Proofs' role in Coq extractions

Though what chi said is correct, in this case you can actually extract the witness p from the existence proof. When you have a boolean predicate P : nat -> bool, if exists p, P p = true, you can compute some p that satisfies the predicate by running the following function from 0:

find p := if P p then p else find (S p)

You cannot write this function directly in Coq, but it is possible to do so by crafting a special inductive proposition. This pattern is implemented in the choice module of the mathematical components library:

From mathcomp Require Import ssreflect ssrfun ssrbool ssrnat eqtype choice.

(* == is the boolean equality test *)
Definition even n := exists p, (n == 2 * p) = true.

Definition div_2_even_number n (nP : even n) : {p | (n == 2 * p) = true} :=
  Sub (xchoose nP) (xchooseP nP).

The xchoose : (exists n, P n = true) -> nat function performs the above search, and xchooseP shows that the its result satisfies the boolean predicate. (The actual types are more general than this, but when instantiated to nat they yield this signature.) I have used the boolean equality operator to simplify the code, but it would have been possible to use = instead.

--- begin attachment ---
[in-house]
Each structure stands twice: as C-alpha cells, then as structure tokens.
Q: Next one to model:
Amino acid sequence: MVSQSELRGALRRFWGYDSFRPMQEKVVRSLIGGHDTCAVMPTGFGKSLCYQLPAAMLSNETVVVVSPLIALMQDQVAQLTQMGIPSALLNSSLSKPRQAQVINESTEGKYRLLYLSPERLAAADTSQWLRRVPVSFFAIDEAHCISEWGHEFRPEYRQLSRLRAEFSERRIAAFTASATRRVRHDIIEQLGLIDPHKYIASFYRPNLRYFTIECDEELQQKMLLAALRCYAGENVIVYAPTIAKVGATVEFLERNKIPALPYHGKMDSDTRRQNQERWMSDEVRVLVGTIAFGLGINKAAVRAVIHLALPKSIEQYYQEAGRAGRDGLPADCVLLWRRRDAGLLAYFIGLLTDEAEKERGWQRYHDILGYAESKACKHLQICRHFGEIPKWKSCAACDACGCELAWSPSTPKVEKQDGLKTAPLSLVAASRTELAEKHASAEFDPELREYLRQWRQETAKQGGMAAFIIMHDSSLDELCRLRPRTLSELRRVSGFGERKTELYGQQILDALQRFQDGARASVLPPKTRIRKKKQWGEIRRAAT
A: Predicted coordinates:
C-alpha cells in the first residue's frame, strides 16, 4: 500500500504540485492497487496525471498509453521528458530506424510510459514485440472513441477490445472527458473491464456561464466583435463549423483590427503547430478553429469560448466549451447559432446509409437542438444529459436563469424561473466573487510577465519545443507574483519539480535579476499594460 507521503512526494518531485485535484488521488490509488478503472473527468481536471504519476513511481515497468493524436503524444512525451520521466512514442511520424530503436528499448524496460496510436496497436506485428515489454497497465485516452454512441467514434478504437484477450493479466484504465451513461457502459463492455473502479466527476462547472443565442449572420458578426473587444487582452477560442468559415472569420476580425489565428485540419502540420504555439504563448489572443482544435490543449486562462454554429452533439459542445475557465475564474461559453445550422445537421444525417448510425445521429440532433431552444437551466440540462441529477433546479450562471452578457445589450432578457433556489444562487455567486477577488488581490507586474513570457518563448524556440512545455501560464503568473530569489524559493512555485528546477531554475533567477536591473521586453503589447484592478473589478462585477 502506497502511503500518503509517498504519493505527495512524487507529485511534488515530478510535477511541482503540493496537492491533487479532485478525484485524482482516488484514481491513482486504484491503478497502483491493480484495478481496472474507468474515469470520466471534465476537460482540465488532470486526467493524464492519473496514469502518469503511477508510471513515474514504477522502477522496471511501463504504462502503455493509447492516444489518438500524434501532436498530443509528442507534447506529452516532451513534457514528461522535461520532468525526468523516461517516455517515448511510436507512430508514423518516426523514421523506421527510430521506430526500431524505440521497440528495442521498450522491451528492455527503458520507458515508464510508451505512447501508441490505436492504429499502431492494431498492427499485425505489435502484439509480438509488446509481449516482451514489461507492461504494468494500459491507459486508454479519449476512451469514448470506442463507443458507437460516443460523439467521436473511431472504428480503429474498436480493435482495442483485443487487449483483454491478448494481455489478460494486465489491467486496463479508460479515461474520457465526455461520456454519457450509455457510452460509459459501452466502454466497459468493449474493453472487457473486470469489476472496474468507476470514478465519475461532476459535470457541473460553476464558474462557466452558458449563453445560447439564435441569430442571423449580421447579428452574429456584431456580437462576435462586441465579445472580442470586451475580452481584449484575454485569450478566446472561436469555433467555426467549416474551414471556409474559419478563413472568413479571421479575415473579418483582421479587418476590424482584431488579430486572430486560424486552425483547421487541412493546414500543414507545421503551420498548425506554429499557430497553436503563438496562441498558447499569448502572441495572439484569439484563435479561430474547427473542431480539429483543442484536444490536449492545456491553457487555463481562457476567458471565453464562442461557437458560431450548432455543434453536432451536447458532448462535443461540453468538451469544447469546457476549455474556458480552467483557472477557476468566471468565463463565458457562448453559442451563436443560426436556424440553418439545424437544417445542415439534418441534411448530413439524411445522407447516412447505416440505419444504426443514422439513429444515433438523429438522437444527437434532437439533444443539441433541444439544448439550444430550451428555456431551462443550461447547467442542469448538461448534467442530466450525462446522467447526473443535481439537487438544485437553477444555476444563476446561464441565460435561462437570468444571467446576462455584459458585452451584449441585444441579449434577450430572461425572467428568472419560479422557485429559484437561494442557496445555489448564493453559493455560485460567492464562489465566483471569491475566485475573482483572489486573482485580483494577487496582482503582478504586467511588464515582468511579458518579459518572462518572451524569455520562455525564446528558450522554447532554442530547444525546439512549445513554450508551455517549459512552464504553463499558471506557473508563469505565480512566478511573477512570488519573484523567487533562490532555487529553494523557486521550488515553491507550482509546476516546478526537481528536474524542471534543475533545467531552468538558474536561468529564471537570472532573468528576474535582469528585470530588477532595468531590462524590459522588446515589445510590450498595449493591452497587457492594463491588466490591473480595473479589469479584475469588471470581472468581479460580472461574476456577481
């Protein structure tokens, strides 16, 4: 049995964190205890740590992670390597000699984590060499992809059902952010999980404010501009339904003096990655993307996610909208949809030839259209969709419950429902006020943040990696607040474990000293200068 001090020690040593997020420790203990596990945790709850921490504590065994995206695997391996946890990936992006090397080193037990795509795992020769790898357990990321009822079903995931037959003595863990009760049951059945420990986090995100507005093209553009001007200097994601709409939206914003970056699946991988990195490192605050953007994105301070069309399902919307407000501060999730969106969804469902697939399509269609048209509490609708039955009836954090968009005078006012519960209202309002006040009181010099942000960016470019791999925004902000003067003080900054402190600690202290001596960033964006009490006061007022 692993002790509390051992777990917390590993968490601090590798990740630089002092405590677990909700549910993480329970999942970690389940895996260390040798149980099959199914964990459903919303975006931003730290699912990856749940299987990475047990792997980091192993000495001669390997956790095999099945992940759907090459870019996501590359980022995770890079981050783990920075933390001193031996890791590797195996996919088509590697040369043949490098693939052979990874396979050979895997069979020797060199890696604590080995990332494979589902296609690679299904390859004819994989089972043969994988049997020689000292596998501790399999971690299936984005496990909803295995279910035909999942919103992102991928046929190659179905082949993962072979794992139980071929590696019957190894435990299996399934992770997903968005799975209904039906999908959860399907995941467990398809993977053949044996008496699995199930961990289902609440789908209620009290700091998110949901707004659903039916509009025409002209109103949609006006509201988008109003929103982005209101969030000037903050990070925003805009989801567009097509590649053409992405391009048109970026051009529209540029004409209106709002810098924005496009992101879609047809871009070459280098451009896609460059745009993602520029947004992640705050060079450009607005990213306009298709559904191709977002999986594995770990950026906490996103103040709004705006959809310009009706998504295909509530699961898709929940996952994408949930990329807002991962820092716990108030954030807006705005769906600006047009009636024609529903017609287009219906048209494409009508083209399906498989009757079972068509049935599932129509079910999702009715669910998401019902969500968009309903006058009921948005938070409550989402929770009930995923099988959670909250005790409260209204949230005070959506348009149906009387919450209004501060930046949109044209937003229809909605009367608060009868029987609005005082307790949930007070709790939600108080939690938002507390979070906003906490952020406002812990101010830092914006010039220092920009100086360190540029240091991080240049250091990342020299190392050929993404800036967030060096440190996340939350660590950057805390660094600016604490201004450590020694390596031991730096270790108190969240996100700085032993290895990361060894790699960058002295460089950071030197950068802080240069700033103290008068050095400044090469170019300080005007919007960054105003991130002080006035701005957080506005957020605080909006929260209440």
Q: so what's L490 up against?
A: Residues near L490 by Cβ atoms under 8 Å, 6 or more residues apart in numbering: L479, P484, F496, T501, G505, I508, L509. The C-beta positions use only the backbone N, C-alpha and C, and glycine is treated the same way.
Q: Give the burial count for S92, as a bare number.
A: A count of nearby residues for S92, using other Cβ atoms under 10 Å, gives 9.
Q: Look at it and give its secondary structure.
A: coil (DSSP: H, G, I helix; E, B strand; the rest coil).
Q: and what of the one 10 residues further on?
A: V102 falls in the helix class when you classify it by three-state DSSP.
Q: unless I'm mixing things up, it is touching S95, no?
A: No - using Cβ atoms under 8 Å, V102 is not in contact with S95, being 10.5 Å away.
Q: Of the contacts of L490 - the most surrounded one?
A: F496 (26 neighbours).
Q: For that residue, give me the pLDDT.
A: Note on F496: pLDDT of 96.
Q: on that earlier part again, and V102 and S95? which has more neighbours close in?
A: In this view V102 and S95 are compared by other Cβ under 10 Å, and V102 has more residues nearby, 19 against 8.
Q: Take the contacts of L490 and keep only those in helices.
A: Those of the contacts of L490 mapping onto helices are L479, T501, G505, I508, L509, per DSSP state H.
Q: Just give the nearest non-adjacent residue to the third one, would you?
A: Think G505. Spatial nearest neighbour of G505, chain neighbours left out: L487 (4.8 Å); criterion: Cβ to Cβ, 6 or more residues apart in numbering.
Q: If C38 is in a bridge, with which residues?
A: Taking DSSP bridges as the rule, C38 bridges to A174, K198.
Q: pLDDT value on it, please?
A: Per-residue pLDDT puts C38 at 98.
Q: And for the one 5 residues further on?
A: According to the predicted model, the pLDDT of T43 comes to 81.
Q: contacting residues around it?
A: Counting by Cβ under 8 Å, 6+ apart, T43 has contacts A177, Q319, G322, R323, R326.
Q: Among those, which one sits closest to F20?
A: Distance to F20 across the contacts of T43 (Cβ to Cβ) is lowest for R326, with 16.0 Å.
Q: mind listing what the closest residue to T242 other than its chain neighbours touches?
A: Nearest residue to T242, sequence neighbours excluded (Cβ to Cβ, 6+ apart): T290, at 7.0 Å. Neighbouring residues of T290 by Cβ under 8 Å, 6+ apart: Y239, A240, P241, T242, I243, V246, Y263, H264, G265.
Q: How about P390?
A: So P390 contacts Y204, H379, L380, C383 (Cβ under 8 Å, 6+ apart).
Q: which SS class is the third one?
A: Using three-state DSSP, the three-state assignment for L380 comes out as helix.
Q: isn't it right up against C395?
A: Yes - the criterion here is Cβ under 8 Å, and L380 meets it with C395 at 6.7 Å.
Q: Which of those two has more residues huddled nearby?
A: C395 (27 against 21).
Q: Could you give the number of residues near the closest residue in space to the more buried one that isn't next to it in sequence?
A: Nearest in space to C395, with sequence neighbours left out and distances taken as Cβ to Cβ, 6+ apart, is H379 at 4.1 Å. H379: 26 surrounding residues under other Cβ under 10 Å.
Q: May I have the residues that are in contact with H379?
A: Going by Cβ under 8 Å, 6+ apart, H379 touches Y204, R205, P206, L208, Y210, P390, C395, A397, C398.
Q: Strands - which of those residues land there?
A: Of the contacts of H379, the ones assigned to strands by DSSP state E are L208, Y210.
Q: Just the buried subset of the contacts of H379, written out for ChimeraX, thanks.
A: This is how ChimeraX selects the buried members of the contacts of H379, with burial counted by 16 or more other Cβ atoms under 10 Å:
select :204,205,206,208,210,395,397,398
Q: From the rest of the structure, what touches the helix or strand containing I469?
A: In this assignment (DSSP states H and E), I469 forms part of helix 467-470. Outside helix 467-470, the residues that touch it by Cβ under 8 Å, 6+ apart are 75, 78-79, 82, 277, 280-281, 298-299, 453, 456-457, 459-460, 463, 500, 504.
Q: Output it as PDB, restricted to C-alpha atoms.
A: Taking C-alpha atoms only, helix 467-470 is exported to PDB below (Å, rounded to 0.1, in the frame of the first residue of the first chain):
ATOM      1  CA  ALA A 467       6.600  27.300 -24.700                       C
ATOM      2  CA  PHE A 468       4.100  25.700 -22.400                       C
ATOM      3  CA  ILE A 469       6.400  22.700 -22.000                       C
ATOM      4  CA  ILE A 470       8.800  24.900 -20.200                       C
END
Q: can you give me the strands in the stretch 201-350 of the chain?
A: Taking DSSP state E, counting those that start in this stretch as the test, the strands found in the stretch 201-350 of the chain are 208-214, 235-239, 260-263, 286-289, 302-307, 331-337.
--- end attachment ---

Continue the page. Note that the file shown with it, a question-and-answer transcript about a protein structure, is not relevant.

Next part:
That being said, if you care about running your code, programming in this fashion is terribly inefficient: you need to perform n / 2 nat comparisons to test divide n. It is much better to write a simply typed version of the division function:

Fixpoint div2 n :=
  match n with
  | 0 | 1 => 0
  | S (S n) => S (div2 n)

You are working with types in different sorts.

> Check (Nat.Even 8).
Nat.Even 8
     : Prop

> Check {p:nat | 8=p+p}.
{p : nat | 8 = p + p}
     : Set

A feature of the Coq type system is that you can not eliminate a value whose type is in Prop to obtain something whose type is not in Prop (roughly -- some exception is done by Coq for Prop types which carry no information, like True and False, but we are not in that case). Roughly put you can not use a proof of a proposition for anything but to prove another proposition.

This limitation is unfortunately required to allow Prop to be impredicative (we want forall P: Prop, P->P to be a type in sort Prop) and to be consistent with the law of excluded middle. We can not have everything or we meet Berardi's paradox.